That’s why a new paper in the Proceeding of the National Academy of Sciences of the USA has me excited.

Lead author Moshe Hoffman and his collaborators compared two tribes living in north-east India. The Khasi and Karbi peoples are genetically very similar groups of subsistence rice farmers, but they differ dramatically in one important cultural respect.

Khasi tribesmen. Findlay Kember/AFP

Karbi women may not own land, and property is passed from father to the oldest surviving son.

But the Khasi ban men from owning land, and men are expected to hand their earnings over to their wives. The youngest daughter in a Khasi family traditionally inherits the land from her mother.

Patrilineal systems such as those of the Karbi tend to give women much less power than men, in society as a whole and within individual homes.

Matrilineal systems, on the other hand, tend to give women roughly equal power to men (men seldom have less power than women).

Karbi daughters receive almost four fewer years of education than their brothers, but girls in the matrilineal Khasi villages are educated for as long as boys.

The authors recognised these two tribes present an excellent chance to explore how culture and education affect the gender gap in spatial ability – the gap claimed to underpin women’s lack of map-reading prowess.

They gave villagers a very simple four-piece puzzle and timed how quickly each person solved it.

It turns out that, in the patrilineal Karbi, men took an average of 42 seconds but women took around 57 seconds to solve the puzzle. But Khasi girls and boys did not differ significantly (35 and 32 seconds respectively) from one another.

The differences in both tribes were tied to differences in education. The more years a villager had attended school, the faster they solved the puzzle.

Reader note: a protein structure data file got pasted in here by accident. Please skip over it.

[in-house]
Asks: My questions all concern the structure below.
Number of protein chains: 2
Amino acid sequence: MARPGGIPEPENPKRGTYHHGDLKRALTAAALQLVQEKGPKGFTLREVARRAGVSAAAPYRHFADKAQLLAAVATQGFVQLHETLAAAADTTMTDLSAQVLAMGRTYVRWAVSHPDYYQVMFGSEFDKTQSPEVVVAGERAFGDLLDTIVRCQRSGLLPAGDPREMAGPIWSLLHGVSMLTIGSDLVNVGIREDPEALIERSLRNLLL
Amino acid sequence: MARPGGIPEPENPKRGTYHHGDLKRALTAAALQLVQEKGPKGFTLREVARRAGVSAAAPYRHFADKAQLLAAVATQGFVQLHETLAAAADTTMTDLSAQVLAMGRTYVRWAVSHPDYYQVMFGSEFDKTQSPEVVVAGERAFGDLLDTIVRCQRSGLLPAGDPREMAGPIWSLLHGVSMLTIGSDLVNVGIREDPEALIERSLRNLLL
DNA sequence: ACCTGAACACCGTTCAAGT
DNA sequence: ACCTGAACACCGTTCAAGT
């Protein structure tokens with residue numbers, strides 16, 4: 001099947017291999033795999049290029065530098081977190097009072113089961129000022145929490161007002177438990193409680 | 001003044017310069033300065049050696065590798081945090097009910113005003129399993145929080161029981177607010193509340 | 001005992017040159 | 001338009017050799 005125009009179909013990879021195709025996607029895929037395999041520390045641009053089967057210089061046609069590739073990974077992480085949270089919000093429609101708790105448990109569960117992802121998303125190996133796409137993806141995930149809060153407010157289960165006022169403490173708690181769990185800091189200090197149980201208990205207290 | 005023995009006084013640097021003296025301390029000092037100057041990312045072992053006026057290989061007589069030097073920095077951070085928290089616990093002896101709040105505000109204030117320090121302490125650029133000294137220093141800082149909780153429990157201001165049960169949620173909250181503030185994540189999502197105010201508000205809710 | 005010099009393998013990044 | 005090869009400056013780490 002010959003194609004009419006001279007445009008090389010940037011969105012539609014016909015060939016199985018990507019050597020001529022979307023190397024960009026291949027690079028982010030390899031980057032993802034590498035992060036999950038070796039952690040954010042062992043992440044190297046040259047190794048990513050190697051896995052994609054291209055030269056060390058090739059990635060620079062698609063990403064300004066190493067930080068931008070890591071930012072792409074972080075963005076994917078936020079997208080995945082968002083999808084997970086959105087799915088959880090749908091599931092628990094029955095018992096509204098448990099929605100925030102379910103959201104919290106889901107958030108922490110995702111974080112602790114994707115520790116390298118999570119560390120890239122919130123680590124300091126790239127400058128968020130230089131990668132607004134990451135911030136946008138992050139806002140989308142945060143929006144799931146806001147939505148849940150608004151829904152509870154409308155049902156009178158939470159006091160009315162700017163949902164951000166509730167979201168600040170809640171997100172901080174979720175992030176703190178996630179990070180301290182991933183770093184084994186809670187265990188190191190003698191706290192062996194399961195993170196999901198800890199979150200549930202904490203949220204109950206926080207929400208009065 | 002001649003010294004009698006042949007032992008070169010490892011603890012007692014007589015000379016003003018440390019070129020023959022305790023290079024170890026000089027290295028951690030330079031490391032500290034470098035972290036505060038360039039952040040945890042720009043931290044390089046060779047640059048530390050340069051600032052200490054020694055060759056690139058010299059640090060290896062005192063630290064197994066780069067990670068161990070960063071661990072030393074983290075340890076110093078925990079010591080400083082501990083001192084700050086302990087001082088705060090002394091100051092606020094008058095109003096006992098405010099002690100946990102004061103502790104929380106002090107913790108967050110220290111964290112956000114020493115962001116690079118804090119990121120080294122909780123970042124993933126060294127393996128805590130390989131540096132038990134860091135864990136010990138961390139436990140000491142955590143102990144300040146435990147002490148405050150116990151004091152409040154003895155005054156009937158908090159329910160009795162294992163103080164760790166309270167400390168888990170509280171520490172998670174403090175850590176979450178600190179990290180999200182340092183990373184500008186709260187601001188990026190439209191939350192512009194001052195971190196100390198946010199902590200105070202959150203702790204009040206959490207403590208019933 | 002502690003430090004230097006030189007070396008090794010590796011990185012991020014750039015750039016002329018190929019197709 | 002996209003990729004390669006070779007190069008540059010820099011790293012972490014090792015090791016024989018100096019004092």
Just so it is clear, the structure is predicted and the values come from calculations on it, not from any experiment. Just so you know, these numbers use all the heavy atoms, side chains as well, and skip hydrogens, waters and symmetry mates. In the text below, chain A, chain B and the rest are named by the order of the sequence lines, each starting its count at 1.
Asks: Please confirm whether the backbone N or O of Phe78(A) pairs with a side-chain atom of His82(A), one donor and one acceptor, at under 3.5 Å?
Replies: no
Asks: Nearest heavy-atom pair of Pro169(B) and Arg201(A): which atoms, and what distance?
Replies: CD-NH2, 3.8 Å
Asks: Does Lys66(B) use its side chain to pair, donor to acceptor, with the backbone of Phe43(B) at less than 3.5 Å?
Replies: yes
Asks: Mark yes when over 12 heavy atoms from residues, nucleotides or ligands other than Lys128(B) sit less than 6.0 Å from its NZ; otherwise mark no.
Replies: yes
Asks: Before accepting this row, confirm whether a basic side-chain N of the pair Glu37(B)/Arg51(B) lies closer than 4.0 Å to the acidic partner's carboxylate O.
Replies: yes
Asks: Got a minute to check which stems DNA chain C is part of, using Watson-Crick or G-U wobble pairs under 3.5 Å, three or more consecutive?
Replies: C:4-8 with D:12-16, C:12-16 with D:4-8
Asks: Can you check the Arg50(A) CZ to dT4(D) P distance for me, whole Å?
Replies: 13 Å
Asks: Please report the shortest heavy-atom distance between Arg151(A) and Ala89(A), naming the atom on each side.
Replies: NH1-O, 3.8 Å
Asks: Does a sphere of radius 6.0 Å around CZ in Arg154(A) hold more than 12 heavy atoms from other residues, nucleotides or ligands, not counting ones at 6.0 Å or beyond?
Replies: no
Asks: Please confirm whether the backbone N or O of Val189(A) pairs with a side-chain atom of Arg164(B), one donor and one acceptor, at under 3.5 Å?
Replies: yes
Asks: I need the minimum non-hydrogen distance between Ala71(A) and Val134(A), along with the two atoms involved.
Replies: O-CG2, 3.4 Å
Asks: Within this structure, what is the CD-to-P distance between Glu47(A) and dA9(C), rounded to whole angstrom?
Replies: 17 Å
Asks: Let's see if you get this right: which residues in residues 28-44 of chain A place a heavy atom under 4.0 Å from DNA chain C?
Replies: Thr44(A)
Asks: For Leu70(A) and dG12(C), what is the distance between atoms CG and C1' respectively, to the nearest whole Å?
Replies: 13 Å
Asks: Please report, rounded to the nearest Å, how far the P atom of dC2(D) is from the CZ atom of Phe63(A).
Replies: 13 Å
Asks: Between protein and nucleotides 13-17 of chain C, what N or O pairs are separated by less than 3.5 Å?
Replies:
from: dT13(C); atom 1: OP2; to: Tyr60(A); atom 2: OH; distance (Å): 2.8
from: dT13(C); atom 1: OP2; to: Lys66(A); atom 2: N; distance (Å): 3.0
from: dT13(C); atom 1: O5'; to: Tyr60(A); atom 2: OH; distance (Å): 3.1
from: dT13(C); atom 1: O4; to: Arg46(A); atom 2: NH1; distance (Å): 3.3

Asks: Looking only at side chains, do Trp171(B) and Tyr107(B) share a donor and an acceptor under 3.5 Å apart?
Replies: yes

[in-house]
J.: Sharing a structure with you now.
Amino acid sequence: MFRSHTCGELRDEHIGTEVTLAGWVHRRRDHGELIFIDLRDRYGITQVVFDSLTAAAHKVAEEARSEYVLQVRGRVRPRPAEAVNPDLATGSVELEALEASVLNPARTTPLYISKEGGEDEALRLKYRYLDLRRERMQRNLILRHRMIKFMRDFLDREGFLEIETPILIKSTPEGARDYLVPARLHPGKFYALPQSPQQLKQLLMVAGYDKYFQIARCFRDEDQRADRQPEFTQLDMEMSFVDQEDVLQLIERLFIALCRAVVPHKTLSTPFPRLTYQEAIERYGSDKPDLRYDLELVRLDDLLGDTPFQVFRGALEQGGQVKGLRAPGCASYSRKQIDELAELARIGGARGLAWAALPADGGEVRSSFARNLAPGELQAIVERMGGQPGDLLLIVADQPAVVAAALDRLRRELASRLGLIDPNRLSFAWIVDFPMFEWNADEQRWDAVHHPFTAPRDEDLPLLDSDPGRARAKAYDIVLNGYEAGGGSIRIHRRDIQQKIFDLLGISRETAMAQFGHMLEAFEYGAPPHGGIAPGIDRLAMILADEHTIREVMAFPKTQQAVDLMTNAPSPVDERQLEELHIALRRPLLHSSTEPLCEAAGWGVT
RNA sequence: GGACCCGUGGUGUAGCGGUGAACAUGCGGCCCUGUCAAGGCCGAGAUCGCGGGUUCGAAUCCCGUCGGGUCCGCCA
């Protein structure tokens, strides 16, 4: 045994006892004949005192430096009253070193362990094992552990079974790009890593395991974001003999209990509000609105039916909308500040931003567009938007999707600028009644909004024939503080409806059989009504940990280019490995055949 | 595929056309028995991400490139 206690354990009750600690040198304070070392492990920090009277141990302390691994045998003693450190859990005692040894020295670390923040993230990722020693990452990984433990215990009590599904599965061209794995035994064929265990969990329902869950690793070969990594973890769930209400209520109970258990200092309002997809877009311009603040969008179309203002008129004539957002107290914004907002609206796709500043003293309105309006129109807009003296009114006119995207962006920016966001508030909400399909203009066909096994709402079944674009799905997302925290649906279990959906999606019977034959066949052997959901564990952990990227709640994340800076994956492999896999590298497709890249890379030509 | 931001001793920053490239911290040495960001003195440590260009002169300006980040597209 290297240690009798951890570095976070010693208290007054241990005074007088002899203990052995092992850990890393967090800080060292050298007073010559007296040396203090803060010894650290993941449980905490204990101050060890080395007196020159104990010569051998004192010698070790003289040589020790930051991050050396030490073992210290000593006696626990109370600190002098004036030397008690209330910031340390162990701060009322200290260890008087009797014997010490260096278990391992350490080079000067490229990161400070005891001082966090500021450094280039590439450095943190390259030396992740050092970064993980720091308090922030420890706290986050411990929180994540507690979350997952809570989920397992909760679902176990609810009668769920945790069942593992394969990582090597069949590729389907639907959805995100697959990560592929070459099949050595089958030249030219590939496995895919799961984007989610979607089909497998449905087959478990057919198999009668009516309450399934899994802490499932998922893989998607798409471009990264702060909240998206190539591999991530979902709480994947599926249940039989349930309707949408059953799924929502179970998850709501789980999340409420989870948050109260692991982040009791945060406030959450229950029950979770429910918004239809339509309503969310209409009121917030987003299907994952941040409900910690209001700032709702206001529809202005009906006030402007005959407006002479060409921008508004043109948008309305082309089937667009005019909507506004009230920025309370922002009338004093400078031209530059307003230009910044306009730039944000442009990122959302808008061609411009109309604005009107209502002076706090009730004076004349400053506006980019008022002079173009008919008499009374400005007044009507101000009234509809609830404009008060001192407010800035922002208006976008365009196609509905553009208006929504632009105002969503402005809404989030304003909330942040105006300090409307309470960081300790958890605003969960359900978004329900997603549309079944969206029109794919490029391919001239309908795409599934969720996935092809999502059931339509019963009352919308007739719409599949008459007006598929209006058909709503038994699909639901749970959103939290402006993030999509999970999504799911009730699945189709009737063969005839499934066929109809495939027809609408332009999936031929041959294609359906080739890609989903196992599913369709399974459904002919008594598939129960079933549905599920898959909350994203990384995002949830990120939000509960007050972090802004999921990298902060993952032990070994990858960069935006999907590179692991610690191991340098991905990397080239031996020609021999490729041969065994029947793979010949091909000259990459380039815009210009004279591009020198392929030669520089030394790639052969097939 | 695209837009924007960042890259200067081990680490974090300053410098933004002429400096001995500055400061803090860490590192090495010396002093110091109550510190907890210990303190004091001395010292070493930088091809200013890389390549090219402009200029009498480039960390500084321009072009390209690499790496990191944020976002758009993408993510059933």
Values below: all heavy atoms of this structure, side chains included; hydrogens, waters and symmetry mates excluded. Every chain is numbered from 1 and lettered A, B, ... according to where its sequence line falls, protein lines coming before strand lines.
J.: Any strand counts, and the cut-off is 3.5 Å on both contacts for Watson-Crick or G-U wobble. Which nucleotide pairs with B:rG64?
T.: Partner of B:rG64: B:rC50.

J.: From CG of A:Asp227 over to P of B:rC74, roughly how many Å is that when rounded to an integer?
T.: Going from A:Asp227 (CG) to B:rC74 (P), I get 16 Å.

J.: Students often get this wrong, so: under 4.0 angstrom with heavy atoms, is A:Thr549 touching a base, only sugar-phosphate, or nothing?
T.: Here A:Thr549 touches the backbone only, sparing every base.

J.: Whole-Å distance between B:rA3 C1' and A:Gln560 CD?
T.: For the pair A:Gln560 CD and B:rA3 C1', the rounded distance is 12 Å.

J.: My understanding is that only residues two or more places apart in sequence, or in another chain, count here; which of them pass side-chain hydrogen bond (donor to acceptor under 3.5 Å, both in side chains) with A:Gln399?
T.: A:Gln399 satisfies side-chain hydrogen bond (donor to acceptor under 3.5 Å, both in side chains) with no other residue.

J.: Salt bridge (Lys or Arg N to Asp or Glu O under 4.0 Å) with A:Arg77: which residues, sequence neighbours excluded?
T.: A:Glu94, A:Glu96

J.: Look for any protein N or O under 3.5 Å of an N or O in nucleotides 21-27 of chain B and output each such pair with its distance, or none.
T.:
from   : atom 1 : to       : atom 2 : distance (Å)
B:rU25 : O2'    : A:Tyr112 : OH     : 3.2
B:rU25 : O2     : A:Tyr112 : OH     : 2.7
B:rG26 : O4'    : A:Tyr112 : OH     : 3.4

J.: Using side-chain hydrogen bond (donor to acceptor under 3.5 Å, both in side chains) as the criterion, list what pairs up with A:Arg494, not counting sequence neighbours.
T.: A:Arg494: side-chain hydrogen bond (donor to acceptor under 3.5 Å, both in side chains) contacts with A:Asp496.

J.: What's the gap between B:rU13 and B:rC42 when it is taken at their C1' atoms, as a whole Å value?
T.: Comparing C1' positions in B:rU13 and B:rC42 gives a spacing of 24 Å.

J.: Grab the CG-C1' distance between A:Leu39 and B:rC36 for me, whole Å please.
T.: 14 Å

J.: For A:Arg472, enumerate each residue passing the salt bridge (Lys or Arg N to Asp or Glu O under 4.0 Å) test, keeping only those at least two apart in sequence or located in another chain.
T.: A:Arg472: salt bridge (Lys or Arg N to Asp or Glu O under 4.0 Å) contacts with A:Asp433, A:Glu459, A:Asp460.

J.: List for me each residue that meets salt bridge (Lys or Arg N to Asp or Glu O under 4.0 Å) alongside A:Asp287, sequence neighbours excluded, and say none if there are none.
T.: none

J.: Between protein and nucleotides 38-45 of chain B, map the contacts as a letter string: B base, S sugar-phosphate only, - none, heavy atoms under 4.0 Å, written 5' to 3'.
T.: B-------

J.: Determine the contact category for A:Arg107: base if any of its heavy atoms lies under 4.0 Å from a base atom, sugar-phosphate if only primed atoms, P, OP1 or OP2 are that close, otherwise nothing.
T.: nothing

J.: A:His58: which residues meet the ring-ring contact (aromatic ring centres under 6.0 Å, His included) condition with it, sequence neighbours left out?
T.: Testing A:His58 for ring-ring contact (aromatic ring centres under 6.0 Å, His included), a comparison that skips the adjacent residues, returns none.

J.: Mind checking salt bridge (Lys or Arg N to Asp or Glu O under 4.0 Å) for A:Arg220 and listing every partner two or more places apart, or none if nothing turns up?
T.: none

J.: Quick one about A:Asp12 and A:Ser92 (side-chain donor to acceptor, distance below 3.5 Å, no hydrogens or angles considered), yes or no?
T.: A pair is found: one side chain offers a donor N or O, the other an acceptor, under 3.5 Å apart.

Such a simple experiment shows a persistent and common sex difference can entirely disappear in a culture where girls and their education are considered every bit as valuable as boys and theirs.

It subverts the idea that important sex differences are “hard-wired” (a shoddy metaphor that invokes clumsy early computers and should, itself, be consigned to the metaphoric junkyard).

The authors emphasise their results don’t contradict the notion of biological evidence.

You won’t find me among the ranks claiming that sex differences aren’t real or that “heredity cannot be allowed to have acted any part in history” as pioneering anthropologist Albert Kroeber asserted.

Instead, scientists who are open to the many subtle ways in which biology and culture interact will do well to explore the evolutionary conflicts of interest that create differences between women and men in power, economic contributions and education.

What happened to the Karbi and the Karsi to lead them down such different cultural paths?

It’s unclear, but let’s hope that when it comes to navigating our way around the galaxy, it won’t matter who’s holding the map.